By Stefanie Jackson – Exmore town council members ended their 18-month-long deliberation Monday night and voted unanimously to partner with the public Hampton Roads Sanitation District (HRSD) to provide sewer service to the entire town.
To keep sewer rates as low as possible for town residents and business owners, Exmore officials have negotiated a “good deal” with HRSD, said Town Manager Robert Duer.
The town council chose the public option over a partnership with private company Aqua Virginia or building a brand-new sewer treatment plant.
Cost was a driving factor in the decision, since about 57% of Exmore’s 1,460 residents live in low-and-moderate income households.
A Virginia Department of Health consent order limits Exmore’s existing sewer system from serving more than about 350 customers.
A partnership with HRSD will allow Exmore to eliminate the consent order by decommissioning the existing sewer treatment plant and sending the town’s wastewater to Onancock’s treatment plant.
The wastewater will flow through a large underground pipeline called a force main, which will be built in Northampton and Accomack County to serve Exmore and other towns.
HRSD’s original proposal suggested Nassawadox, Exmore, Melfa, Onancock, and Accomac would participate and have wastewater treated at the Onancock plant, which has excess capacity and can process a total of 750,000 gallons per day.
HRSD’s “ambitious goal” is for the force main to be constructed and ready to operate by July 1, 2022, less than 18 months from now, Duer said.
Exmore will expand its collection system so the entire town can receive sewer service, about 900 homes and businesses.
The town intends to pay for the project by obtaining low-interest loan and grant funds from sources such as the U.S. Department of Agriculture (USDA), the Virginia Department of Environmental Quality (DEQ), and the Virginia Department of Housing and Community Development (DHCD).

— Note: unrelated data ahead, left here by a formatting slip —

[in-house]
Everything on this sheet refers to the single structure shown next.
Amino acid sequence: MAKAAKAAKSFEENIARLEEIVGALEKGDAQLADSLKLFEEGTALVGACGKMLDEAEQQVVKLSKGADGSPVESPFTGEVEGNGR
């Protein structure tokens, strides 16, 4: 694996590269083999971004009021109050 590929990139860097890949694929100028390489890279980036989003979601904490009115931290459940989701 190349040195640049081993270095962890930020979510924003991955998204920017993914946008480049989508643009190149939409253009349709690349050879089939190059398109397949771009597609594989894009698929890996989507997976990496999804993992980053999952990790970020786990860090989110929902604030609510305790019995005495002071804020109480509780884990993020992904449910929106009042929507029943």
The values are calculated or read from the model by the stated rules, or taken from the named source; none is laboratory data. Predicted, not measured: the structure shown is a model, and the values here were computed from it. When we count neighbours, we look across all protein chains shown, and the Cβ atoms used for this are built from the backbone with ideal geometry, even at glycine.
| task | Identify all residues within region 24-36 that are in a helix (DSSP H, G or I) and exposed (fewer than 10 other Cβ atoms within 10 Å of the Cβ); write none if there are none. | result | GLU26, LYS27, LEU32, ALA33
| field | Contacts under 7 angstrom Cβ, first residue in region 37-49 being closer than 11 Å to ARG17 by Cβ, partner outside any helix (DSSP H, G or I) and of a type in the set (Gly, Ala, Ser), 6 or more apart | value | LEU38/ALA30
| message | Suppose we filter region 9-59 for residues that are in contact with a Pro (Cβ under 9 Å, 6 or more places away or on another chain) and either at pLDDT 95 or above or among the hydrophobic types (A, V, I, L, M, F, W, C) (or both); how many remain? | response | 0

Exmore initially was informed by its funding sources that the town would not be allowed to receive government funds for its sewer project if it partnered with HRSD.
That position changed after a preliminary engineering report, or PER, was completed, and it was discovered that Exmore could save money by partnering with HRSD instead of building a new sewer plant.
Exmore’s funding partners agreed it would be “foolish” not to choose the more economical option, Duer said.
Exmore will bear the distinction of being the only town in the Hampton Roads Sanitation District to maintain its own sewer system and bill its customers.
An HRSD pump station will accept Exmore’s wastewater outflow, up to 190,000 gallons per day, and direct it through the force main to Onancock’s treatment plant.
HRSD won’t need to build a new sewer plant in Exmore, so town residents will be spared the financial burden of a multimillion-dollar infrastructure project for wastewater treatment.
DEQ offered Exmore a $17 million loan that will more than cover the entire sewer project, especially since the town is only expanding the collection system, not building a treatment plant.
The total cost of the sewer project likely will be reduced further through DEQ loan forgiveness and additional grant and loan funds from USDA and DHCD.
Public hearings were held in December on Exmore’s intent to apply for USDA grant and loan funds and a DHCD Community Development Block Grant up to $1 million.
The application process for the block grant is competitive. Only $8.8 million in block grant funds are available this year, provided by the U.S. Department of Housing and Urban Development, or HUD.
Exmore can afford to borrow no more than $10 million, Duer noted.
The new sewer rates, expected to take effect in 2022, remain unknown. Duer expects to get the actual numbers in the coming months, likely in May.
This story was edited March 4.